Foursquare in Sydney Australia

Foursquare has over a million registered users globally now.

Of these users, what sort of demographic has the highest usage? if you are a business using Foursquare to target customers and see their feedback – what sort of people are you reaching out to?

In order the judge the popularity of Foursquare amongst users in Sydney, Australia i ran a ‘tests’ at several locations in Sydney.

1. Mecca Espresso – midweek 11:30 am

Mecca Espresso is a trendy cafe in King st, Sydney CBD. Attracting mainly white collar business professionals i was surprised to see 9 people had checked-in over a 2 hour period.

Say 100 people went into the coffee store over the last 2 hours, this would be 9% of users checking into Foursquare.


2. Sydney Cricket Ground/ Sydney Football Stadium – Sunday Afternoon watching a NRL game.

Obviously attracting a different user demographic to the Mecca Espresso CBD business crowd, the number of people who checked-in to Foursquare was very small, out of 30,000+ people watching the football game.

This equated to about 0.04% of people who attended the game checked-in to Foursquare.


3. Social Media Club Sydney #SMCSYD – 8pm Oxford Art Factory, Oxford st, Darlinghurst.

There were probably 200 attendees at the Sydney Social Media club last night – mainly a group of media and technology professionals interested in hearing about up and coming social media tips and strategies.

I would say almost 20% of the crowd checked-in to Foursquare over the night.


Its clear Foursquare is getting high usage from Media professionals, business workers – whilst it has not penetrated the general population yet.

Business owners using Foursquare – you know who to target!

David Cowling : Editor and Founder of I also run a Social Media Agency where I do consulting work and another blog dedicated to Instagram news. Connect with me: Twitter | LinkedIn | Google + or contact me here. Alternatively, you can send me an email at

  • Businesses need to give customers an incentive to 'check in' or become 'mayor' of the location otherwise I don't think Foursquare will have the staying power like Facebook or Twitter. Consumers will get sick and tired of checking in just for a badge or points but if incentives such as 'become mayor and receive a free coffee' was available then it would be a different story.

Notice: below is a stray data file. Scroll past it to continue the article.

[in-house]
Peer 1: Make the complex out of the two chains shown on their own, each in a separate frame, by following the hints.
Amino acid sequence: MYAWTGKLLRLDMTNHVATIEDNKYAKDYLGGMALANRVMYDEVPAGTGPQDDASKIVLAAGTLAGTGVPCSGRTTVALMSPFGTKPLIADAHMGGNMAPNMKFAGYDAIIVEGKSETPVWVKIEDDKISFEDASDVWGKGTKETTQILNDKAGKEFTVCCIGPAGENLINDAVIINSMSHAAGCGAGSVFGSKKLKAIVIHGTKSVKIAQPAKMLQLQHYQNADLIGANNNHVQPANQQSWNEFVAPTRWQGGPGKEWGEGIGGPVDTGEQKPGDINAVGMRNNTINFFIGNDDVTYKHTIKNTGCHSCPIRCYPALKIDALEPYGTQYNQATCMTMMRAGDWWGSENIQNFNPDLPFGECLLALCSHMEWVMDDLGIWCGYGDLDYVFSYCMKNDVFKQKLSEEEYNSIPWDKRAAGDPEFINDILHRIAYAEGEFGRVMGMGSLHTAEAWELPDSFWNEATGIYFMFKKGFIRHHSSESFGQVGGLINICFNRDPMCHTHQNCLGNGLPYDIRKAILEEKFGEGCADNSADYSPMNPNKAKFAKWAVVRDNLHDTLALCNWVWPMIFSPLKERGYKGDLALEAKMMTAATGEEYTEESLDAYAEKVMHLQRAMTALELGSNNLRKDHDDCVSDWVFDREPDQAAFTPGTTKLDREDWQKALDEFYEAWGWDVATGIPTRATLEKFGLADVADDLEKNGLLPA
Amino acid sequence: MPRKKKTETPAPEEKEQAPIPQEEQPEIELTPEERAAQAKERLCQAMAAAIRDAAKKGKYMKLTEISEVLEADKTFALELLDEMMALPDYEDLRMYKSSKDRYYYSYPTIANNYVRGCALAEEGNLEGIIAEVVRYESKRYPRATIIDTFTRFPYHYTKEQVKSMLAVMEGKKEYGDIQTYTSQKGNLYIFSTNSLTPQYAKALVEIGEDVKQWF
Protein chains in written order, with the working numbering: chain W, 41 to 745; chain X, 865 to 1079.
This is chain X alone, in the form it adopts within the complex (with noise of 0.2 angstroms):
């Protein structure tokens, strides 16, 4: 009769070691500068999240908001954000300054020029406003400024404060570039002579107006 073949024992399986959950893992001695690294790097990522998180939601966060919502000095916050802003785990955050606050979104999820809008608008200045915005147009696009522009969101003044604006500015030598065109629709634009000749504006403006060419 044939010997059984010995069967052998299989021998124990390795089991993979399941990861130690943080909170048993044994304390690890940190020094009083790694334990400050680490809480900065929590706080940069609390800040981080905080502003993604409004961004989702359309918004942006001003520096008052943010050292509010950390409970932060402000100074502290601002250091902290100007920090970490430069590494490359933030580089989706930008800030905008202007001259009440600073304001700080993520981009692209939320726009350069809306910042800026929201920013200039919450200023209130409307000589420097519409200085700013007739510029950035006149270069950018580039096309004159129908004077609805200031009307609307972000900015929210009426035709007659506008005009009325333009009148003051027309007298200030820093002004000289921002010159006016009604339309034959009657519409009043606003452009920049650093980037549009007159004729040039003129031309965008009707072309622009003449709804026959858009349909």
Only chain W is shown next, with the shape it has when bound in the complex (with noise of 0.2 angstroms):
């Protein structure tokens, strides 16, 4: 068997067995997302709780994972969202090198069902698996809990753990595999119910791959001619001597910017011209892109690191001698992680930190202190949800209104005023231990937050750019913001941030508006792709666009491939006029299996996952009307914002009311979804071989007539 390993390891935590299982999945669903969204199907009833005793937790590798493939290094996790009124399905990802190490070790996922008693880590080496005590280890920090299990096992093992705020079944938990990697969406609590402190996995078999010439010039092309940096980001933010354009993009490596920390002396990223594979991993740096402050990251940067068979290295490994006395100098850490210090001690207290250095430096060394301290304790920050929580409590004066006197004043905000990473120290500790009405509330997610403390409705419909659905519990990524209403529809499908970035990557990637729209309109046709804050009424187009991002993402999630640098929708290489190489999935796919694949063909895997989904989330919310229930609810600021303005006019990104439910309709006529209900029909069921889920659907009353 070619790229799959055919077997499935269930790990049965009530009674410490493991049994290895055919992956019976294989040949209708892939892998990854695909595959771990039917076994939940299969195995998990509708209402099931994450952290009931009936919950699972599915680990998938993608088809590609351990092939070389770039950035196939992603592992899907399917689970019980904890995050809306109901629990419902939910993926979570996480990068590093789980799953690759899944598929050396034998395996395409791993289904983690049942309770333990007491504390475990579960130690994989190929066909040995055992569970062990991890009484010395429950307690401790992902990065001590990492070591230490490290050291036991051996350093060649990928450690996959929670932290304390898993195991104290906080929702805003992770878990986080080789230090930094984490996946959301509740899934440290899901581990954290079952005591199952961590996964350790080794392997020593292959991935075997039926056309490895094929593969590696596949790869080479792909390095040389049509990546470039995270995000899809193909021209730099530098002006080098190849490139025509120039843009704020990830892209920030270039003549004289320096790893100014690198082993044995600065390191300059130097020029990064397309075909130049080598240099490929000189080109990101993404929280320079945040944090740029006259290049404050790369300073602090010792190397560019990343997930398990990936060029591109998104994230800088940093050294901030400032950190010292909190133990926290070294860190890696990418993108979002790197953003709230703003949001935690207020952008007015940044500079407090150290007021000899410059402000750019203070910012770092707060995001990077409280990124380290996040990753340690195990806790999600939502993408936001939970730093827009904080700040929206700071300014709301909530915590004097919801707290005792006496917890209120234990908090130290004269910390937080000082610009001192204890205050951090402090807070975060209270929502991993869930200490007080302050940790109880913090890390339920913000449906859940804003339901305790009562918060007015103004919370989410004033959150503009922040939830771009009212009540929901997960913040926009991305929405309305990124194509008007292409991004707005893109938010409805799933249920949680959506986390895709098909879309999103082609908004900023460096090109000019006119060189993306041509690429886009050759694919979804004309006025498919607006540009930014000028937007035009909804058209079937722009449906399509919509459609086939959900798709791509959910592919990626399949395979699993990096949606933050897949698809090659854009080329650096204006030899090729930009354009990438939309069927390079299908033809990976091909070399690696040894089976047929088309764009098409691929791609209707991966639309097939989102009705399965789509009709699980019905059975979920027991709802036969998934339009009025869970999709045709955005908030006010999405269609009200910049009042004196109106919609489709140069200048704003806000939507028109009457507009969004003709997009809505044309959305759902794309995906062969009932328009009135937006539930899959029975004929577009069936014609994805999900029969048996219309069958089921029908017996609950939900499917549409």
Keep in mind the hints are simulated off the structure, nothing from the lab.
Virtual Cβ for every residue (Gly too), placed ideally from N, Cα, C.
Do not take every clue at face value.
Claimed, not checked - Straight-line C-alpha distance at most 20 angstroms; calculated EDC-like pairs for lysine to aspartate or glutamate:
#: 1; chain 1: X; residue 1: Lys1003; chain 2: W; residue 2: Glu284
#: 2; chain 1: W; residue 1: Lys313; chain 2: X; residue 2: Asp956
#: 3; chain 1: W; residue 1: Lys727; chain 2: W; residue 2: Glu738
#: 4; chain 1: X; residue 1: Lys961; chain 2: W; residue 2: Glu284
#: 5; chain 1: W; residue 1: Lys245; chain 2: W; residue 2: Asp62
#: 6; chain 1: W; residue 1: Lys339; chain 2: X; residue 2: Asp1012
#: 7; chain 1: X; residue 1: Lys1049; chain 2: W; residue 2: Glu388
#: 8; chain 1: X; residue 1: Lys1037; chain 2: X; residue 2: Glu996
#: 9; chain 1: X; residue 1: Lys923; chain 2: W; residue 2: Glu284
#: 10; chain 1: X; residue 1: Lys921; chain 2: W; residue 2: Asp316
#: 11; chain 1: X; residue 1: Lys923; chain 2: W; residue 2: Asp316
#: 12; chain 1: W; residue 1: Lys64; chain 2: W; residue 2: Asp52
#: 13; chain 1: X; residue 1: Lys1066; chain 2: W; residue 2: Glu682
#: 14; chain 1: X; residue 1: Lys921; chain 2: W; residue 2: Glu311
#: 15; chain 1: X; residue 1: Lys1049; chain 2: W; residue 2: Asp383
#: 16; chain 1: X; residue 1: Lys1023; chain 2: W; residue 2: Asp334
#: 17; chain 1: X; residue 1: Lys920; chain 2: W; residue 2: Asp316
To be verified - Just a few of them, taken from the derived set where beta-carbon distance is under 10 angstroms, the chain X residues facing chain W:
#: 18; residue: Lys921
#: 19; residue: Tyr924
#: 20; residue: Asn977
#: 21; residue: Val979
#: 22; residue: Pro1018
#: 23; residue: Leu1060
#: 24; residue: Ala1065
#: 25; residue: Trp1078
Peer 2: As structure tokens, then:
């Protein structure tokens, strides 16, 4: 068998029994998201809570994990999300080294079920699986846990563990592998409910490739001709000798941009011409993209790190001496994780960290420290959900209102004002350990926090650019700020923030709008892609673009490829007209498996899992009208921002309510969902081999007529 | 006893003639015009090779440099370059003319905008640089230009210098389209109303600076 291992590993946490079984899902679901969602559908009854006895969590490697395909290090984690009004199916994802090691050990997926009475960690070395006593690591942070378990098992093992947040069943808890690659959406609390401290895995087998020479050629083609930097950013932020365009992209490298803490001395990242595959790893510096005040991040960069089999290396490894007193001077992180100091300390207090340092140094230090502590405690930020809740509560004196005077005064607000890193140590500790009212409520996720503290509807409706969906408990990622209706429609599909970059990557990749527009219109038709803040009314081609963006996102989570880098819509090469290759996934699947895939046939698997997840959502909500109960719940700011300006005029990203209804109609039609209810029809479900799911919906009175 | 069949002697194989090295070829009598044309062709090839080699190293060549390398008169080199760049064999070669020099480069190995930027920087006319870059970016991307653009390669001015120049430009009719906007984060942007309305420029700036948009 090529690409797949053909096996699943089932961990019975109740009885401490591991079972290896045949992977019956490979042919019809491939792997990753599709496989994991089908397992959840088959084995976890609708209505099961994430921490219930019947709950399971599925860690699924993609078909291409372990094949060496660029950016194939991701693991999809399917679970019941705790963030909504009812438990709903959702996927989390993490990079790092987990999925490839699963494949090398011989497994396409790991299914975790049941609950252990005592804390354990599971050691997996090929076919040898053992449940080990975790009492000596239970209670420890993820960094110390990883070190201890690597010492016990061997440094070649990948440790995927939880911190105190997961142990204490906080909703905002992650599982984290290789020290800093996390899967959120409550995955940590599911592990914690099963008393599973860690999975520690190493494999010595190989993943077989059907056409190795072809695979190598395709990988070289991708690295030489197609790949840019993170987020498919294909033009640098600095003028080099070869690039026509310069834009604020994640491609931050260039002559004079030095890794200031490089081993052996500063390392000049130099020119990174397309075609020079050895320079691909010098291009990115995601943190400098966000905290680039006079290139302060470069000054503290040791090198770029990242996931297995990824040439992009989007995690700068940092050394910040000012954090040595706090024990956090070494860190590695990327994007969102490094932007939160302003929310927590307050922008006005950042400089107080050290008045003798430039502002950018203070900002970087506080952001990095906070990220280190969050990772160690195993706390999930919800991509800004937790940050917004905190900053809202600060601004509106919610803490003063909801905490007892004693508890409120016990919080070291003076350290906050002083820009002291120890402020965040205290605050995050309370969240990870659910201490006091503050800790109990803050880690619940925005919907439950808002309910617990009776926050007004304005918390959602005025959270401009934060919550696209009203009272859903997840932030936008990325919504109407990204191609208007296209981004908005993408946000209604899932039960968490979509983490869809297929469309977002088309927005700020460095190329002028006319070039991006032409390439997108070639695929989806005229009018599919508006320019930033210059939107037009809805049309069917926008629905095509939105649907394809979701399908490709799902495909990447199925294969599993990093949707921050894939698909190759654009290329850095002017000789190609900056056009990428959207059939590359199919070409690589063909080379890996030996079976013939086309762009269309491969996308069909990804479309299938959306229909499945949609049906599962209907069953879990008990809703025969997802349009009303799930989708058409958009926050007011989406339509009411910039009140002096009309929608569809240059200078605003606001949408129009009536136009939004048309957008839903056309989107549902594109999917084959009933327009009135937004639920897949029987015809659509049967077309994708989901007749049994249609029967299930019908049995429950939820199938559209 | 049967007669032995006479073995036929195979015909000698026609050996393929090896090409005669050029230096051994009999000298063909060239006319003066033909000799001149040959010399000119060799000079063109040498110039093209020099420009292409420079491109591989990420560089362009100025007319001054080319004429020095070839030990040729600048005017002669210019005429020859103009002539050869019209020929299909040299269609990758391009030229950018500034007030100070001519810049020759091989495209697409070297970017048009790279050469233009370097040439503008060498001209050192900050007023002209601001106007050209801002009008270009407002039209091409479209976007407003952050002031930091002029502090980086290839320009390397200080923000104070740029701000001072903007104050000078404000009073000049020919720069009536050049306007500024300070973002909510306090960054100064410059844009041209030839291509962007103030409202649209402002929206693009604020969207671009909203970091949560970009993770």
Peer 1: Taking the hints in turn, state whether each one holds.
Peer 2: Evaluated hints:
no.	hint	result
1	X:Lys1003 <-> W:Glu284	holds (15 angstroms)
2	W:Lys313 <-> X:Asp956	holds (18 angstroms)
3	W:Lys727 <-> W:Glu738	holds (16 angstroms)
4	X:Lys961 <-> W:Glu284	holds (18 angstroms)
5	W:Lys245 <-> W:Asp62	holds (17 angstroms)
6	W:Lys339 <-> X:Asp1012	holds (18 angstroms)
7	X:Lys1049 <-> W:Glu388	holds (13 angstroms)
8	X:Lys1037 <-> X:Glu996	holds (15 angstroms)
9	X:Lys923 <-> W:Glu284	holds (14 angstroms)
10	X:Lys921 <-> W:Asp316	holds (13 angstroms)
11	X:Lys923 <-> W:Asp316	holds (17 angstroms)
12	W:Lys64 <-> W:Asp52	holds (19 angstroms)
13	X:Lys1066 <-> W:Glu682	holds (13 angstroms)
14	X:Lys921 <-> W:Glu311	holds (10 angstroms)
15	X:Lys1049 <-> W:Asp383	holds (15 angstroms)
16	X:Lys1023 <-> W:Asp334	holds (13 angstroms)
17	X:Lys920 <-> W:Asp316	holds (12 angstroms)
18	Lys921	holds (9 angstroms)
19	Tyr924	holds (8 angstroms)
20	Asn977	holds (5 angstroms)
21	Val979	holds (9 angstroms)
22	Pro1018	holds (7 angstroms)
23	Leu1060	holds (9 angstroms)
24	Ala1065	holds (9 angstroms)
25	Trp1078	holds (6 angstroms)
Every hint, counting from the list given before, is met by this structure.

Foursquare uses are smart phone users. It would be a wise decision for a coffee shop in a business district to run a foursquare campaign vs a coffee shop in a lower class outer suburb due to the lack of smartphones such as the iphone.

    I really do hope that retailers see the potential of Foursquare. Once they do and promote incentives of 'checking in' – then I think it will go mainstream.

  • I agree with Elliot … we need more people to join Foursquare, but businesses need to come on board too, otherwise when the application loses the novelty factor, what else is there to encourage use?

  • Tips may help with some users that like to try different restaurants, cafes ect and use it as a recommendations type app but more mainstream users definitely will get sick and tired of Foursquare unless there is incentives to use it.

    Is there many businesses using it as a marketing tool over east? It is upto blogs like this to promote the potential!

    I will leave the app sitting on my iphone for now and hope the adoption rate picks up soon!

  • Hi Michelle, Elliot

    I have noticed a few (very few) businesses around Sydney CBD offering specials for mayors and even non-mayors who are regular repeat customers.

    Foursquare has tipped a million users now – and we can only assume a majority of these are in the US. I think in the Australian market we have a pretty small user base but there are a few user demographics that have good usage (mostly media/business/ digital people using an iPhone or BlackBerry).

    In terms of the businesses benefiting most from Foursquare – it seems food outlets/ retail / FMCG

    In the US the Starbucks partnership has seemed successful so far, why not go global with it?

    I have tried using Foursquare to promote sales on an advertising business and not one bite.

    I agree Foursquare needs to offer incentives or the users will leave over time.

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  • It takes time for these things to catch on. Last time I checked into foursquare it wasn't available in Australia. A free coffee would go a long way to attracting the businss crowd, creating a buzz that would dramatically increase uptake amongst those with a discretionary income of both foursquare and the local business. What have they got to loose? And I would think there is a great deal to gain.